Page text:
If you live in Metro Vancouver, you’re probably used to crazy real estate stories by now.
But this one might take the cake.
A pair of land parcels in Downtown Vancouver, valued at $16 million, that sold for $60 million – in an investor stampede that lasted a mere 7,200 seconds.
Investigative reporter Ian Young with the South China Morning Post broke the story this week, and joined Lynda to break it down.
LISTEN: Ian Young explains what might be Vancouver’s craziest real estate deal
An offer you can’t refuse
Young says the story starts back in 2013, when well known Vancouver developers Bruno and Peter Wall bought the land on Nelson Street, with plans to build a tower.
He says they paid $16-million – a hefty sum, but good value since the parcels are zoned for a development up to 167 meters high.
But everything changed last fall, when a consortium of investors brought together by SunCom made them an offer they couldn’t refuse: $60-million.
“What SunCom is is a firm that basically pools rich Chinese immigrant investors money to buy real estate in Vancouver.”
But why pay so much, when the land was assessed by BC Assessment at $16 million?
Young says the answer came a month later when that same land was flipped to another Chinese investor, Mr. Gao Shan, for $68 million.
He says it’s not clear if what happened ran afoul of B.C.’s laws around crowdfunding real estate.
But he says the B.C. Securities commission is looking into the company, along with ex-realtor Julia Lau who set the deal up.
Young says both SunCom and Lau deny they did any crowdfunding.
“But on the other hand you’ve got social media postings from Julia Lau calling on investors, recruiting them.”
He says Lau, who had her realtor’s license revoked last year, later boasted on FaceBook and flyers that the deal had gone through in 7,200 seconds.
Young says there’s another troubling aspect to the story: The land itself was never sold.
“What was technically for sale, was not the real property, not the actual site, but the company that owned the site. And in so doing both sets of buyers, both SunCom’s consortium and Mr. Gao Shan completely legally avoid having to pay property transfer taxes of $1.8-million and $2-million respectively.”
That’s because tax is assessed when legal ownership of the site changes. Young says the actual ownership of the land remains unchanged – it belongs to a bare trust set up by the Walls in 2013.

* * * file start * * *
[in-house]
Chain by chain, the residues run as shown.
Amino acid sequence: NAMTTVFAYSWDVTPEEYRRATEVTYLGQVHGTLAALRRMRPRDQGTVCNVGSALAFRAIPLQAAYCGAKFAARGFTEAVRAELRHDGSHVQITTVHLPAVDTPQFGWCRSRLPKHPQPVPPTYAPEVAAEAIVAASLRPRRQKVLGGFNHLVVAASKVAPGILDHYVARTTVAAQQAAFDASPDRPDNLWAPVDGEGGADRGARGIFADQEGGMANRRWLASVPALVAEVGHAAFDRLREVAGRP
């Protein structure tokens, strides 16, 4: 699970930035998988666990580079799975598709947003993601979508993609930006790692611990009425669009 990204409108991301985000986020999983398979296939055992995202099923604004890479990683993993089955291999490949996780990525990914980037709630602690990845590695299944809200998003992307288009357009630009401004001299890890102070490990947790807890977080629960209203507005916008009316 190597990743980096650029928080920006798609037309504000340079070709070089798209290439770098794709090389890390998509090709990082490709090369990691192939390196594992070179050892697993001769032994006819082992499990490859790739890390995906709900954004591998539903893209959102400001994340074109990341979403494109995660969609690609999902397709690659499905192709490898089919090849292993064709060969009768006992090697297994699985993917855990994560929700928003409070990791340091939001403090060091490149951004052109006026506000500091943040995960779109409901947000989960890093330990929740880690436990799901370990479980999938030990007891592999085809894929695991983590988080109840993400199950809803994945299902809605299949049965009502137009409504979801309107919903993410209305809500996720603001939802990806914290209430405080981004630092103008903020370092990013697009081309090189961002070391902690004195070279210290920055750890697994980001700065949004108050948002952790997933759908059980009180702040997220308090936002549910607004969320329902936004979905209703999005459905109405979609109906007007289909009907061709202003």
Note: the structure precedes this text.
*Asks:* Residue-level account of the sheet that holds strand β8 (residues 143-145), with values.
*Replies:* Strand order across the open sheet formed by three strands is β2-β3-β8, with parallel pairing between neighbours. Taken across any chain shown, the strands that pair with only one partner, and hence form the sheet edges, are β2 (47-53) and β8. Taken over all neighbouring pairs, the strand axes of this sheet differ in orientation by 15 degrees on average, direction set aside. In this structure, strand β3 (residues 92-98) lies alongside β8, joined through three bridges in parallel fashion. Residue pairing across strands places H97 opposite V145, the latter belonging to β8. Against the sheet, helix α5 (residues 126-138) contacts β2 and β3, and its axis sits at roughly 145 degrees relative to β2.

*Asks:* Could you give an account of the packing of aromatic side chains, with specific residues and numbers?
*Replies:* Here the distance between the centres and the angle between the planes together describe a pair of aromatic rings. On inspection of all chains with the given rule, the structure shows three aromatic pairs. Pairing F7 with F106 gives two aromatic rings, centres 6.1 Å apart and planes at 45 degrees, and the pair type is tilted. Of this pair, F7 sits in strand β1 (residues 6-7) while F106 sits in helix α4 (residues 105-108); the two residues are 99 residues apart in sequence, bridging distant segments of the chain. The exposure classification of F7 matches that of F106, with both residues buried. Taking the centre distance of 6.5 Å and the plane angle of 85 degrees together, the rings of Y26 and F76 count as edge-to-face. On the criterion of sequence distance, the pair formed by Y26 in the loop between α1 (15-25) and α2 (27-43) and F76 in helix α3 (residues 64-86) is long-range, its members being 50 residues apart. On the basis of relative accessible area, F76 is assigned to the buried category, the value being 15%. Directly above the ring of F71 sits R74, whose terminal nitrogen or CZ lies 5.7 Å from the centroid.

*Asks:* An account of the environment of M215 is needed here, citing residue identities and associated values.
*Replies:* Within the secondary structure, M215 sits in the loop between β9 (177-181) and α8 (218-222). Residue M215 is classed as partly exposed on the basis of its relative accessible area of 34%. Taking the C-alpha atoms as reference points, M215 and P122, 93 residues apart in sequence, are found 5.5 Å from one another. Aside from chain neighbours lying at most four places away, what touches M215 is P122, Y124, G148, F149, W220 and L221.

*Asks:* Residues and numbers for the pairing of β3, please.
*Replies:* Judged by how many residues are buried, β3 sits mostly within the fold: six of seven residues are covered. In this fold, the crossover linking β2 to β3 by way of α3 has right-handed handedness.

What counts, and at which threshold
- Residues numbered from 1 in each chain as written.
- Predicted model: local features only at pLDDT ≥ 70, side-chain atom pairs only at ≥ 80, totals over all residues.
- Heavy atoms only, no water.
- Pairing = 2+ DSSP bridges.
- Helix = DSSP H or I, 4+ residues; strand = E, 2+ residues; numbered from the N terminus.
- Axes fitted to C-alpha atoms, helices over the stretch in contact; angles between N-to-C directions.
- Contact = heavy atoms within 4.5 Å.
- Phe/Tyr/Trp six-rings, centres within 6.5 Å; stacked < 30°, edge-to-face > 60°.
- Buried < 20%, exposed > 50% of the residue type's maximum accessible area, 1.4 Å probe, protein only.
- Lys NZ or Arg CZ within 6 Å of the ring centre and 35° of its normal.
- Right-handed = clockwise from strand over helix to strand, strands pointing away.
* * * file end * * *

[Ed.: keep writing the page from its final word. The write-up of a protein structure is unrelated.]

He says this is a common practice for transferring commercial real estate, and one he calls “a massive loophole.”
So who is this mysterious new owner, and why would he pay $68-million for a piece of land valued at less than a quarter of that sum?
Young says with some legwork he was able to track down the mysterious Gao Shan, who coincidentally shares the same name as a famous Chinese embezzler.
He arranged a meeting, and was able to confirm Gao is not that person – but was allowed to ask just one question: why pay?
“He thought it was a good investment, he sees that there’s a good return on this, he thinks that he’ll be able to make a profit from the site.”
Young says he spoke to Chris Doray, the designer of the original tower that was meant to occupy the site, who doesn’t see it that way.
“He’s frankly flabbergasted by this price, he can’t see how it makes much sense.”
Young says according to Doray, it would be nearly impossible to build and sell units that would float in Vancouver’s market.
“Whatever the price would be to justify that land price, that puts it out of reach of mere mortals here in Vancouver.”
Young says the entire transaction has left him with plenty of questions.
But he says there’s one aspect hanging over the whole deal that leaves him troubled.
“One of the things that really surprised me about this story is that there is absolutely no public filing that demonstrate that these two massive sales have even taken place. There is no evidence in the public record, there is no property transfer tax, there is no change on the land titles. And even when we look at the fact that the directorship of the company has changed, that owns this site, that in itself doesn’t prove that ownership of the company has changed, it’s only because sources have told me what’s been going on that we’ve been able to work it out.”